Hotel group and Trump Turnberry owner Marriott fined over data breach

Hotel chain Marriott International has been fined £18.4 million over a data breach estimated to have affected around 339 million customers – and relating to its Starwood arm, whose properties include Trump Turnberry in Ayrshire.

Marriott said it 'deeply regrets' the incident. Picture: Steven Scott Taylor/JPI Media.
Marriott said it 'deeply regrets' the incident. Picture: Steven Scott Taylor/JPI Media.

The sum demanded by the Information Commissioner's Office (ICO) is reduced from the £99m initially announced in July last year, owing to the economic impact of Covid-19 and steps taken by the firm to mitigate the effects of the incident.

Marriott said it does not intend to appeal over the decision, but makes "no admission of liability in relation to the decision or the underlying allegations".

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A cyber attack, from an unknown source, affected the systems of the Starwood hotels group in 2014 but was not detected until 2018, two years after Starwood was acquired by Marriott.

A cyber attack affected the systems of the Starwood hotels group, which encompasses Trump Turnberry in Ayrshire. Picture: John Devlin.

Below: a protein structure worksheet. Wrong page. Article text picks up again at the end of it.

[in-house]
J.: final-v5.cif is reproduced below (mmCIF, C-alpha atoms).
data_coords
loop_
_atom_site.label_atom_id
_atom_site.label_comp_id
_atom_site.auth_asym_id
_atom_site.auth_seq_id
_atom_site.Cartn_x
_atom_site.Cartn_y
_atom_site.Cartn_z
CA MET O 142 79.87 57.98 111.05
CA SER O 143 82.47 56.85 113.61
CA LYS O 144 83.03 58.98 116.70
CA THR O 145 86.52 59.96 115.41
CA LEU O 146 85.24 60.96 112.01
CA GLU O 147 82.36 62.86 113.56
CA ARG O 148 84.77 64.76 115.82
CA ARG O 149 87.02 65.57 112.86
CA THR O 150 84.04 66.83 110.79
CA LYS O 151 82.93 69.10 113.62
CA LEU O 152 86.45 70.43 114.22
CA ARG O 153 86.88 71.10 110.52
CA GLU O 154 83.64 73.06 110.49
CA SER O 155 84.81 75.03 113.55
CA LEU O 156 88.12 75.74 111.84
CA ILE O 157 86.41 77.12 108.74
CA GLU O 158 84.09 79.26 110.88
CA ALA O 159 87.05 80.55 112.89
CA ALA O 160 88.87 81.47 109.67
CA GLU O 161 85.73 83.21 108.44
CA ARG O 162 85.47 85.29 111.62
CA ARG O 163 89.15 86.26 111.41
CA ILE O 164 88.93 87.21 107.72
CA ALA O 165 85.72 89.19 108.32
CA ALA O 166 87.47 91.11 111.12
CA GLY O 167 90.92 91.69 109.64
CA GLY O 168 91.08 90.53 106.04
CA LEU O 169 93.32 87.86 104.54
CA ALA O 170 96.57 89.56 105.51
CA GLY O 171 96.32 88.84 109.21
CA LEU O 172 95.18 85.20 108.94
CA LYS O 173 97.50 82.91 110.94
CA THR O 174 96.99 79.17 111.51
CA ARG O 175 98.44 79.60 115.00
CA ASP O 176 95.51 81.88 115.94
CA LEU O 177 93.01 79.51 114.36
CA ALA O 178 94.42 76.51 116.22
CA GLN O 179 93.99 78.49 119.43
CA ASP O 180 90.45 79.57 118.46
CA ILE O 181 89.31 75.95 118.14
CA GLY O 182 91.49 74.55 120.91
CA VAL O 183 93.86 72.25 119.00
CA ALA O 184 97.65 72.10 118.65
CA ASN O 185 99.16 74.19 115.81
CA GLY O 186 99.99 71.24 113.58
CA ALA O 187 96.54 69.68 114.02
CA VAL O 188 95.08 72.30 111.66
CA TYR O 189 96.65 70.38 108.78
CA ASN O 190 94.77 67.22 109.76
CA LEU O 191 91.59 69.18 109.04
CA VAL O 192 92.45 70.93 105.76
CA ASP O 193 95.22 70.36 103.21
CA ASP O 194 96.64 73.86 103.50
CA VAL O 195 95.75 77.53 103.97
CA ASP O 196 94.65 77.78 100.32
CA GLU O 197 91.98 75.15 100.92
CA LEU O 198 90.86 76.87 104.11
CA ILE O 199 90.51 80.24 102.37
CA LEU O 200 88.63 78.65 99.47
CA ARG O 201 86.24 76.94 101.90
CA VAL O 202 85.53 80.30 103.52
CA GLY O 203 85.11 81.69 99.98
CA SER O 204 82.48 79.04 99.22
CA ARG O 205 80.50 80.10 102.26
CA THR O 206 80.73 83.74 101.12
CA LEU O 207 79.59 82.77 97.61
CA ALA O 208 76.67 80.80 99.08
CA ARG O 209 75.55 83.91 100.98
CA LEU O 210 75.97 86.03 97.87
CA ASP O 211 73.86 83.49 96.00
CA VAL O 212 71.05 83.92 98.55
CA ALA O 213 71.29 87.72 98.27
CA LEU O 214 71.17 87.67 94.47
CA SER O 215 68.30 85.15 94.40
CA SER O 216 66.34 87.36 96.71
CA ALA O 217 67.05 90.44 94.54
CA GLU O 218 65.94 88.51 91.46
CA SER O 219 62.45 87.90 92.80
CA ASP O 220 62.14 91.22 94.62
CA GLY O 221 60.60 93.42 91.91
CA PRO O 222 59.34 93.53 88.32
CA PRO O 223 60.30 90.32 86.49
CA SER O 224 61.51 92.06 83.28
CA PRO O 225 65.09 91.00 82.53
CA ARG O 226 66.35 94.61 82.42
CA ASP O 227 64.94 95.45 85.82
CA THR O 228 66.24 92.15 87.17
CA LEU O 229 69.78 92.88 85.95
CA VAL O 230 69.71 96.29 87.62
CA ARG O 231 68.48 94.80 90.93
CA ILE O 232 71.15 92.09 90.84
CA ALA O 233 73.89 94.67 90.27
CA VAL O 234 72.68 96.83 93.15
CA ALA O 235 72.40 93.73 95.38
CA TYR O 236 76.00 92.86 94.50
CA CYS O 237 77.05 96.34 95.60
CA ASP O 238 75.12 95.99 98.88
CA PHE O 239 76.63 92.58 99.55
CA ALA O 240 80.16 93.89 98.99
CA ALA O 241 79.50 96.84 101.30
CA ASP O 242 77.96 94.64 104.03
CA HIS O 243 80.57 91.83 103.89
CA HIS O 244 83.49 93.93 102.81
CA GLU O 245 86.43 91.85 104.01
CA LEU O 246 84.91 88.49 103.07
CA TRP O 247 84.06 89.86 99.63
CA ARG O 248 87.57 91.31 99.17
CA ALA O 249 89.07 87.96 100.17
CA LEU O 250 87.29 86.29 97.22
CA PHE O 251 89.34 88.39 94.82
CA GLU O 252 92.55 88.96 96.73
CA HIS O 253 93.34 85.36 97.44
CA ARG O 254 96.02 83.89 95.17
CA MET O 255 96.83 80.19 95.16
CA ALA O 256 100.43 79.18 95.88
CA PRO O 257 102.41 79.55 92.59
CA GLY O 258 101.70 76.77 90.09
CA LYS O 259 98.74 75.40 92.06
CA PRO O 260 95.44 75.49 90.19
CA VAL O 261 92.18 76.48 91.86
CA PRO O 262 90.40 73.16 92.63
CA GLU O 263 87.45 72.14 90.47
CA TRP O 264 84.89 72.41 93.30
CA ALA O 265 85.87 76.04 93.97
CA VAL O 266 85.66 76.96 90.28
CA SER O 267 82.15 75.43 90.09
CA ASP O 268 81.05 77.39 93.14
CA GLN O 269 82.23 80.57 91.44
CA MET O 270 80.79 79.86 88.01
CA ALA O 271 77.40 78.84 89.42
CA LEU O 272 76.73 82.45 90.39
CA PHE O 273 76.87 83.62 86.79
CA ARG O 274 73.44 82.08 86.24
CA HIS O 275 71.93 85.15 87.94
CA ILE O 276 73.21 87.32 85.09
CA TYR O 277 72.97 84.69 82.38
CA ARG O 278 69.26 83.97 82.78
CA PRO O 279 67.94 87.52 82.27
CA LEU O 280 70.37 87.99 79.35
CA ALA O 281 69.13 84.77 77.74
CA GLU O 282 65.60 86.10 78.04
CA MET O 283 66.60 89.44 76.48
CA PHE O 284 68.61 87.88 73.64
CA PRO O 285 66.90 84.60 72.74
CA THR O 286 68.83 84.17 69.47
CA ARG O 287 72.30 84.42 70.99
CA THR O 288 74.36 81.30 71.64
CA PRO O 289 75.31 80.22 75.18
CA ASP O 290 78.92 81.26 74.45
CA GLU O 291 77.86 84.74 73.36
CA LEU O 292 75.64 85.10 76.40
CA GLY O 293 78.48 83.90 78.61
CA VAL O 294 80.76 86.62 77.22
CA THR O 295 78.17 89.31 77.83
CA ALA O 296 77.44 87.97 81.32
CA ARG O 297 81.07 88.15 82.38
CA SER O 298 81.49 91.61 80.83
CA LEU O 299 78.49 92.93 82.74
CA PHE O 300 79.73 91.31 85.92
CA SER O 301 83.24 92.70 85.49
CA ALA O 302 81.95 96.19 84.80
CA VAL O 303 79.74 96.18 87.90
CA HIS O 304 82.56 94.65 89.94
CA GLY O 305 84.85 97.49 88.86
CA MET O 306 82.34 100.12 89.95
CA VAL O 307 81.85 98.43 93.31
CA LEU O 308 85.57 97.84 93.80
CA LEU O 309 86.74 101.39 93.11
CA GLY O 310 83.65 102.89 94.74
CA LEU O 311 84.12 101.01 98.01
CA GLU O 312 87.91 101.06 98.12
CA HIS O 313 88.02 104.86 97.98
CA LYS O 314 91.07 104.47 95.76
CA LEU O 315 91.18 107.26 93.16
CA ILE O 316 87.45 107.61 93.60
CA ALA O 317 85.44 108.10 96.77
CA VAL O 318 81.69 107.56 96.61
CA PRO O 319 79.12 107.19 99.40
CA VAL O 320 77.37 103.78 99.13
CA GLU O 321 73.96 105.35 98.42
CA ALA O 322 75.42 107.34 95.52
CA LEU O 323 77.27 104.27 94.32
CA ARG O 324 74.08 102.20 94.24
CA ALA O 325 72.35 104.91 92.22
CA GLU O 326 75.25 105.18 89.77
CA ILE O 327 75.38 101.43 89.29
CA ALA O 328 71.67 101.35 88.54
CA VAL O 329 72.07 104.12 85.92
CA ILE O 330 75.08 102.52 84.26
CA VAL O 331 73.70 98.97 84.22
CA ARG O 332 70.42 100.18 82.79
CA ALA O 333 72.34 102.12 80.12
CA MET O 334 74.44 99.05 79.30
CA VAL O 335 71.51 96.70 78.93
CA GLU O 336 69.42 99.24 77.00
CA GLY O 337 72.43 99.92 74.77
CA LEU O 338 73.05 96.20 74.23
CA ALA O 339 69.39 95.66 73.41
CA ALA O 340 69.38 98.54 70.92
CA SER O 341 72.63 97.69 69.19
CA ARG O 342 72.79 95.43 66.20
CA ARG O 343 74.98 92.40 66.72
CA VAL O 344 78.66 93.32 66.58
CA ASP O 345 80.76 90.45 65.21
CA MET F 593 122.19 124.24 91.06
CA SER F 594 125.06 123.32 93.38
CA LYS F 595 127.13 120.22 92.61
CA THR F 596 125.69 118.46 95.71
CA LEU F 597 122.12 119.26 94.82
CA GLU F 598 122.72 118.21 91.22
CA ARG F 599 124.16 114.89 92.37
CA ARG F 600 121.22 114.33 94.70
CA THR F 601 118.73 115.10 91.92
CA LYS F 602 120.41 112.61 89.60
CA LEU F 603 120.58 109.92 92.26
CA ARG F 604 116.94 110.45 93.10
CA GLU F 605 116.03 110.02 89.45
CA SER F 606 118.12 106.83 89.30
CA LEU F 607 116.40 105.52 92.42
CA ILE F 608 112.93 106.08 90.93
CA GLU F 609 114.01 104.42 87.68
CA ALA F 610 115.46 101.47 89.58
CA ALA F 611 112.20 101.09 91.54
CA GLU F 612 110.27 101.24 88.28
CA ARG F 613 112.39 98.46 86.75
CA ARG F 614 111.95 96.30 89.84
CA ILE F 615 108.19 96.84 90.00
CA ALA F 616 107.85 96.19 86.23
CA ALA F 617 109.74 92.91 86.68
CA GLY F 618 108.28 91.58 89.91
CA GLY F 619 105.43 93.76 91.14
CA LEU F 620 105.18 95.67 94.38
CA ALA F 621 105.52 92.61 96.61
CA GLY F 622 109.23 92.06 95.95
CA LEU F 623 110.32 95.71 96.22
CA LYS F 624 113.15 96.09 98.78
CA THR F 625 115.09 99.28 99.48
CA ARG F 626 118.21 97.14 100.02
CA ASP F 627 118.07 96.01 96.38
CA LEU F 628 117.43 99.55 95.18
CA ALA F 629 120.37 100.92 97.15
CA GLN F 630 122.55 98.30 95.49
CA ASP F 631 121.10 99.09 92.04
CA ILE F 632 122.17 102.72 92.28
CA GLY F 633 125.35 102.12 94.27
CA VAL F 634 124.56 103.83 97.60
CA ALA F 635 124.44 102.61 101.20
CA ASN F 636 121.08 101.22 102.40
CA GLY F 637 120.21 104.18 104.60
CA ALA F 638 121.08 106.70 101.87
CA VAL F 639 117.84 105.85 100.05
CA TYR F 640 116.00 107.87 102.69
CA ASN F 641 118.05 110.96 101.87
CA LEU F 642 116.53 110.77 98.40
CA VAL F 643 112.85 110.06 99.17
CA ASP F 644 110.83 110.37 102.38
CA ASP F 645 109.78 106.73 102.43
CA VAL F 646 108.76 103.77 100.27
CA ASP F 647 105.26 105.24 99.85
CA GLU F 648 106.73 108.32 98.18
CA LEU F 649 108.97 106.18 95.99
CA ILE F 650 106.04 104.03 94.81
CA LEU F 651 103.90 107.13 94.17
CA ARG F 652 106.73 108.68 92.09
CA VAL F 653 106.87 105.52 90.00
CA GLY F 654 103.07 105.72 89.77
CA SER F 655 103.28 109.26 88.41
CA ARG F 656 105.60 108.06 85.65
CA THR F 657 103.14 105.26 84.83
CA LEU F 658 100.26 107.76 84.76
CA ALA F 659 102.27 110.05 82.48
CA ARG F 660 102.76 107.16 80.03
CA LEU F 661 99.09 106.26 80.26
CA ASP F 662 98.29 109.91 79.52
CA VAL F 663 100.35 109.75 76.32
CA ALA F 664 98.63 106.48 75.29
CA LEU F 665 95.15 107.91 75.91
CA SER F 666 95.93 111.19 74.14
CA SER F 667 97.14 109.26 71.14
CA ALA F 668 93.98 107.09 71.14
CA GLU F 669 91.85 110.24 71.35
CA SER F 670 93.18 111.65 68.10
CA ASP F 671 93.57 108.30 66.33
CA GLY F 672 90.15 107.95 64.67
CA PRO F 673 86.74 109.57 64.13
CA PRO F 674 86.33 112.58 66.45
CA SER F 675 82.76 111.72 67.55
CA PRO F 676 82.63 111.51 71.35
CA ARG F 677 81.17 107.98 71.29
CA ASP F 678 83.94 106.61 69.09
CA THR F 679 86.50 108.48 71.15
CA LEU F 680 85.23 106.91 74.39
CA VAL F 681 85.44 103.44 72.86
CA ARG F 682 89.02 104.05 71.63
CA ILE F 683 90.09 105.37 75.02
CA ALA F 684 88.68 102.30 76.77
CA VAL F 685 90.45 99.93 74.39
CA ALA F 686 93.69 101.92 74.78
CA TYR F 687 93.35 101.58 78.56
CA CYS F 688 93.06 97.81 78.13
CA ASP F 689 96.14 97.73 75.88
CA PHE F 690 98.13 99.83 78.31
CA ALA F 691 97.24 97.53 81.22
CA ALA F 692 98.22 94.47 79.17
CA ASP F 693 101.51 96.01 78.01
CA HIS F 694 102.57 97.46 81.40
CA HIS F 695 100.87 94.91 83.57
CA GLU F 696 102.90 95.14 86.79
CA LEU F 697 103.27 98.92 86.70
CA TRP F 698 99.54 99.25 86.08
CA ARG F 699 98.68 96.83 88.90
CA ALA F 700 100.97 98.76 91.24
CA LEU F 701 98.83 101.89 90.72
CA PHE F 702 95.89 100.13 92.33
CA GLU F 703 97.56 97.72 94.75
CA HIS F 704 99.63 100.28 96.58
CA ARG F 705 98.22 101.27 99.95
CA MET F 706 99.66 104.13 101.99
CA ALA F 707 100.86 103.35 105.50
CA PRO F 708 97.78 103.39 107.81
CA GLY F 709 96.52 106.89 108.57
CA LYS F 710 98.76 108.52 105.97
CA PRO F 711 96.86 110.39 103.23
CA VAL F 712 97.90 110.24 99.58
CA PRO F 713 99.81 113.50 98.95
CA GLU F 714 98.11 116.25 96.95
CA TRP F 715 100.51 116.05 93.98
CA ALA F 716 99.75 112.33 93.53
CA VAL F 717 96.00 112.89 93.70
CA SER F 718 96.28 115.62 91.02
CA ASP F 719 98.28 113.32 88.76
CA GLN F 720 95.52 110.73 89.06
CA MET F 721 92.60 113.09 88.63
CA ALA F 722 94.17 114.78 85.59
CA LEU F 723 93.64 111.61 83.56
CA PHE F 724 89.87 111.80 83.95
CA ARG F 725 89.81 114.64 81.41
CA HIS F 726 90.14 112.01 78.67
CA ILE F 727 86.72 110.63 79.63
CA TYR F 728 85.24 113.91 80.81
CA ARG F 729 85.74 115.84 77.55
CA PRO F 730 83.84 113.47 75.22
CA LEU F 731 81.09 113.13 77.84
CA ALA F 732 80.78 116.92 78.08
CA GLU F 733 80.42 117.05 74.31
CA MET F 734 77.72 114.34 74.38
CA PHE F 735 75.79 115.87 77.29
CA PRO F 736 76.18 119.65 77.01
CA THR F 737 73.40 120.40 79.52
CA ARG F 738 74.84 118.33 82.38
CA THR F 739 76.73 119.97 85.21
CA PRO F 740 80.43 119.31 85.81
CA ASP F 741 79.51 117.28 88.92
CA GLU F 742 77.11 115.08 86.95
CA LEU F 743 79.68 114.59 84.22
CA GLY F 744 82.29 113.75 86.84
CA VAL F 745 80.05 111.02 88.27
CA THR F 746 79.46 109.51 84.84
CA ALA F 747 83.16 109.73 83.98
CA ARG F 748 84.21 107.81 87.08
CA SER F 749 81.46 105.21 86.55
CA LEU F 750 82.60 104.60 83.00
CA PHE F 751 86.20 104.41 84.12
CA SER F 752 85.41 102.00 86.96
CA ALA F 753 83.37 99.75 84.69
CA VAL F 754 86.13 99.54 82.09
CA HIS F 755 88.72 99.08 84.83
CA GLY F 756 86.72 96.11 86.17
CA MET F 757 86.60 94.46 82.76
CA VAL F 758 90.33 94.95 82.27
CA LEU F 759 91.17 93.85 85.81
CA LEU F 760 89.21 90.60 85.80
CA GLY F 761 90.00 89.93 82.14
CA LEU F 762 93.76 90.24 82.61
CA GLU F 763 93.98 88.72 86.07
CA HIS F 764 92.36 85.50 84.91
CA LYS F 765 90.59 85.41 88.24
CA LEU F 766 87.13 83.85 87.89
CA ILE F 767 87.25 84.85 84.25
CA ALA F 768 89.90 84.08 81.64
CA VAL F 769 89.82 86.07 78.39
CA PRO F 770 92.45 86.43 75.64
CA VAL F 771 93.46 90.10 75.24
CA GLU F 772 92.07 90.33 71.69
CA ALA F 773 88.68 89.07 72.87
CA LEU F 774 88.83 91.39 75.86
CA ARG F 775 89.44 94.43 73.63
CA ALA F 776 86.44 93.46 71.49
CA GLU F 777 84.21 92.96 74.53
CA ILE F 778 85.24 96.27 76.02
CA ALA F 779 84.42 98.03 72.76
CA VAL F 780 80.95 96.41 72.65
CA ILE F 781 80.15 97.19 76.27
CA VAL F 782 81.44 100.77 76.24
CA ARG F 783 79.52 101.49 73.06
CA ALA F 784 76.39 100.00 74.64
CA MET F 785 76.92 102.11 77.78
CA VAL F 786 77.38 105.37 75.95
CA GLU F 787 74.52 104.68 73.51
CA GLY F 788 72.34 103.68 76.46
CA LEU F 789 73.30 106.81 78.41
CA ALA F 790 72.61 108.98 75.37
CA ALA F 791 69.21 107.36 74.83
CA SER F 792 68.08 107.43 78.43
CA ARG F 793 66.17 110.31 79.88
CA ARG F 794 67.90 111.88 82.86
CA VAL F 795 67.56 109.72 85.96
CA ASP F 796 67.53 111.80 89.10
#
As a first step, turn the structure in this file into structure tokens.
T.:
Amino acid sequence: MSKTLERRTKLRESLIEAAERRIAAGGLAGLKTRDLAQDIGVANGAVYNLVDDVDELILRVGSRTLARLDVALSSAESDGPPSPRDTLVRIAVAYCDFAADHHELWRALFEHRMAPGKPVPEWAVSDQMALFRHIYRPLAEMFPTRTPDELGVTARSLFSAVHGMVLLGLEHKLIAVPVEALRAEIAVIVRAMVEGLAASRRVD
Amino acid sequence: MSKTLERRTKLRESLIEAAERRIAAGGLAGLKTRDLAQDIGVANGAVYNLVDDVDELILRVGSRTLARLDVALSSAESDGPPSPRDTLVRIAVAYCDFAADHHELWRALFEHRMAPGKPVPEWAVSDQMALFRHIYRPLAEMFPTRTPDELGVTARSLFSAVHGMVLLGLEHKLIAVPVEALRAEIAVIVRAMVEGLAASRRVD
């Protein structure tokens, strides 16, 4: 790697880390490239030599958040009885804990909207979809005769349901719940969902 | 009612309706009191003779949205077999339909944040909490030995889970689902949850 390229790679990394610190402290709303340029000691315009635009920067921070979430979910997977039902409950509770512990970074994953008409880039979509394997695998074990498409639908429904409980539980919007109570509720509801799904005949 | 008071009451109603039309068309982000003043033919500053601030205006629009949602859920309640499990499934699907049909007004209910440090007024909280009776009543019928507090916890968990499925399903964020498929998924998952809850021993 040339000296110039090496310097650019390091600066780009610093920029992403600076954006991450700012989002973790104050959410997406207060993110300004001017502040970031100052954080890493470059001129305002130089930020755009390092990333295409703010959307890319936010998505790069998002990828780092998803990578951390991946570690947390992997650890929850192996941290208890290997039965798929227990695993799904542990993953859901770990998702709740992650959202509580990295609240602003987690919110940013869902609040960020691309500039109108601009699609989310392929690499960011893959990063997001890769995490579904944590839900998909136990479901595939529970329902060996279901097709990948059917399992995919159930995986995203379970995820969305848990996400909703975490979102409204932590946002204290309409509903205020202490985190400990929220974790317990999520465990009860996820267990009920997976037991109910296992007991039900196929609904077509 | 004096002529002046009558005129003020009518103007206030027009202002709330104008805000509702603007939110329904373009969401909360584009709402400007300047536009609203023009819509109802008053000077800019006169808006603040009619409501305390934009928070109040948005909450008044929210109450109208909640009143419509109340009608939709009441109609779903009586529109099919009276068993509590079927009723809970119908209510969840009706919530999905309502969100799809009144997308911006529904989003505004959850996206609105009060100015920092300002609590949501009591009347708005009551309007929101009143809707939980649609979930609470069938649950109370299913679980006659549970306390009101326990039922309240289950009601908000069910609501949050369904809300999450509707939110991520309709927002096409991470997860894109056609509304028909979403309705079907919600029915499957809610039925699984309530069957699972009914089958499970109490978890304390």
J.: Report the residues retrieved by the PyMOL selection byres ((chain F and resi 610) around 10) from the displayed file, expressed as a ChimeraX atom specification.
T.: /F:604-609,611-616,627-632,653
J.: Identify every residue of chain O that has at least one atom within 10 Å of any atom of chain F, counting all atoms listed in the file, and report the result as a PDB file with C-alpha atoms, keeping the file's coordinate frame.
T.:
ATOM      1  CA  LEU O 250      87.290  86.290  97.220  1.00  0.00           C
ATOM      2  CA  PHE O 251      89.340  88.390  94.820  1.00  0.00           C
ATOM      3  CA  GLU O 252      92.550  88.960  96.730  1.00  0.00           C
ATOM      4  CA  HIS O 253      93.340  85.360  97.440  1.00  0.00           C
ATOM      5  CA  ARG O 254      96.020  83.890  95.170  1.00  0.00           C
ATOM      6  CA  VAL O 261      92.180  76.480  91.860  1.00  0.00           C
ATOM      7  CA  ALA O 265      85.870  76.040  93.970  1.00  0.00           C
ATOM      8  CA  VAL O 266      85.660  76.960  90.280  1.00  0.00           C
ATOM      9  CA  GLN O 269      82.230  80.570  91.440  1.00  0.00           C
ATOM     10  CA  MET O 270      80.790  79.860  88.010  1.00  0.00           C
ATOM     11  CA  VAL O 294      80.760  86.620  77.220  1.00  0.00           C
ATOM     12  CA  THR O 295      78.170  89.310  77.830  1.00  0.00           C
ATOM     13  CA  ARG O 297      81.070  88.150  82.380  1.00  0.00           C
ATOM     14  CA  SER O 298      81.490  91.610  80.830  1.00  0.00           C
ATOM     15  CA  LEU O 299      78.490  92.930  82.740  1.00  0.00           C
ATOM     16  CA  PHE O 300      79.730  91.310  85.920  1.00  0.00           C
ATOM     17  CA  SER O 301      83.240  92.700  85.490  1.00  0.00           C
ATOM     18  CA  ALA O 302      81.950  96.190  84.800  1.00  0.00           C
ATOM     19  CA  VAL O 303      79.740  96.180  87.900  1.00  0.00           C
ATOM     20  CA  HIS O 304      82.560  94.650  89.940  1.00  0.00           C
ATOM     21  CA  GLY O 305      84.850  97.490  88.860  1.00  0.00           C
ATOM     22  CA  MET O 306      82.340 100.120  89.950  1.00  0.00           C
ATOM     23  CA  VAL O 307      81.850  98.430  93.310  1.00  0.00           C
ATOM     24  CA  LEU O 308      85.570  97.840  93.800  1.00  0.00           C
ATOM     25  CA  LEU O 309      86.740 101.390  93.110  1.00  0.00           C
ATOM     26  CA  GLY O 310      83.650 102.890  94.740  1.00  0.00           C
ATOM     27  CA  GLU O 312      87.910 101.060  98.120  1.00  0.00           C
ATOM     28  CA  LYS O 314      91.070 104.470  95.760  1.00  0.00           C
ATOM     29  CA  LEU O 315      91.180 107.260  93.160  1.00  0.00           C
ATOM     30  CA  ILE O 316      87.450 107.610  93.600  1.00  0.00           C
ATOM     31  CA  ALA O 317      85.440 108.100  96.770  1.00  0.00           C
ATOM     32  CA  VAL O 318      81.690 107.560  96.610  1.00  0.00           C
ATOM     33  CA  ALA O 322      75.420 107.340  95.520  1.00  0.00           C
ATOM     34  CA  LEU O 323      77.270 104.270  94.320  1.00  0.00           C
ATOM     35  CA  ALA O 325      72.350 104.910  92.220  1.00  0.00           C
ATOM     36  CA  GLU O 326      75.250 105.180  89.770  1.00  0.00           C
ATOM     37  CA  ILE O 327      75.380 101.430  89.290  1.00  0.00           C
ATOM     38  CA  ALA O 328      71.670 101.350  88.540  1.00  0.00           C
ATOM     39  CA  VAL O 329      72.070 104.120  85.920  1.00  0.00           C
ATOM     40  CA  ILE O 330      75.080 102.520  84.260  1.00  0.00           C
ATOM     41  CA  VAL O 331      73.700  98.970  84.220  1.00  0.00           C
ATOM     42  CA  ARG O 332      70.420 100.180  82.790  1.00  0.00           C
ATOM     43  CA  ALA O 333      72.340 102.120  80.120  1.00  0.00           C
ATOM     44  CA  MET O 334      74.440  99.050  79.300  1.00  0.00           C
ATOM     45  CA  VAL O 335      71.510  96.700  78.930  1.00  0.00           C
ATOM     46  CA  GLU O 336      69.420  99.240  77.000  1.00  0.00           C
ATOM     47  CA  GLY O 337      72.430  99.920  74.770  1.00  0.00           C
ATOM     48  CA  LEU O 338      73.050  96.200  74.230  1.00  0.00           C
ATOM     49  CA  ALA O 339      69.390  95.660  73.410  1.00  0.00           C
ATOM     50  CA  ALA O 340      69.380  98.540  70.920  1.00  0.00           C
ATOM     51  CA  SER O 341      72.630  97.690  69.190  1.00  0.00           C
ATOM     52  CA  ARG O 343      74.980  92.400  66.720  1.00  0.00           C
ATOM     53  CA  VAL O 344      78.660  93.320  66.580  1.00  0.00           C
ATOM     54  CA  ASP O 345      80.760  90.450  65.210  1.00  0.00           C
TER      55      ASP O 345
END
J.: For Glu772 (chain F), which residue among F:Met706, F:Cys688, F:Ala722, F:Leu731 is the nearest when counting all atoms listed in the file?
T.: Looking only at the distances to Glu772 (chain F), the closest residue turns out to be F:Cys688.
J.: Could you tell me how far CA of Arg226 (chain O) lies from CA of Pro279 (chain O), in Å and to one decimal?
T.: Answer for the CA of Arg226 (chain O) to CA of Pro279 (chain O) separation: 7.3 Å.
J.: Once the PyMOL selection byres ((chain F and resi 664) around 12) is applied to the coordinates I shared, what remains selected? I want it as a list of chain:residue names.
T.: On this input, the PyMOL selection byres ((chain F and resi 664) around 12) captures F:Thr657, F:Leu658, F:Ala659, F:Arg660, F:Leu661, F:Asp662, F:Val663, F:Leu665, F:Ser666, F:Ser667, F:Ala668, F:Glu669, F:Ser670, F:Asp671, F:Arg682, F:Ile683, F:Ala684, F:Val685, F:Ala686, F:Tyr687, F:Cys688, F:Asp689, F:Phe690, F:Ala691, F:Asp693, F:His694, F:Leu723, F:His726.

Starwood hotels also include London's Park Lane Sheraton Grand, Westbury Mayfair and Le Meridien Piccadilly.

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It is believed the personal data involved differed between individuals but may have included names, email addresses, phone numbers, unencrypted passport numbers, arrival/departure information, guests' VIP status and loyalty programme membership number.

The exact number of people affected is unclear as there may have been multiple records for an individual guest, but around seven million records relate to people in the UK.

The ICO said its investigation found that there were failures by Marriott to put appropriate technical or organisational measures in place to protect the personal data being processed on its systems.

Because the incident happened before the UK left the EU, the ICO investigated on behalf of all EU authorities as lead supervisory authority under the GDPR.

The data regulator said it acknowledges that Marriott acted promptly to contact customers and has since instigated measures to improve the security of its systems.

The hotel group said: "Marriott deeply regrets the incident [and] remains committed to the privacy and security of its guests' information and continues to make significant investments in security measures for its systems, as the ICO recognises.

"Marriott wants to reassure guests that the incident and the ICO's decision involved only Starwood's separate network, which is no longer in use."

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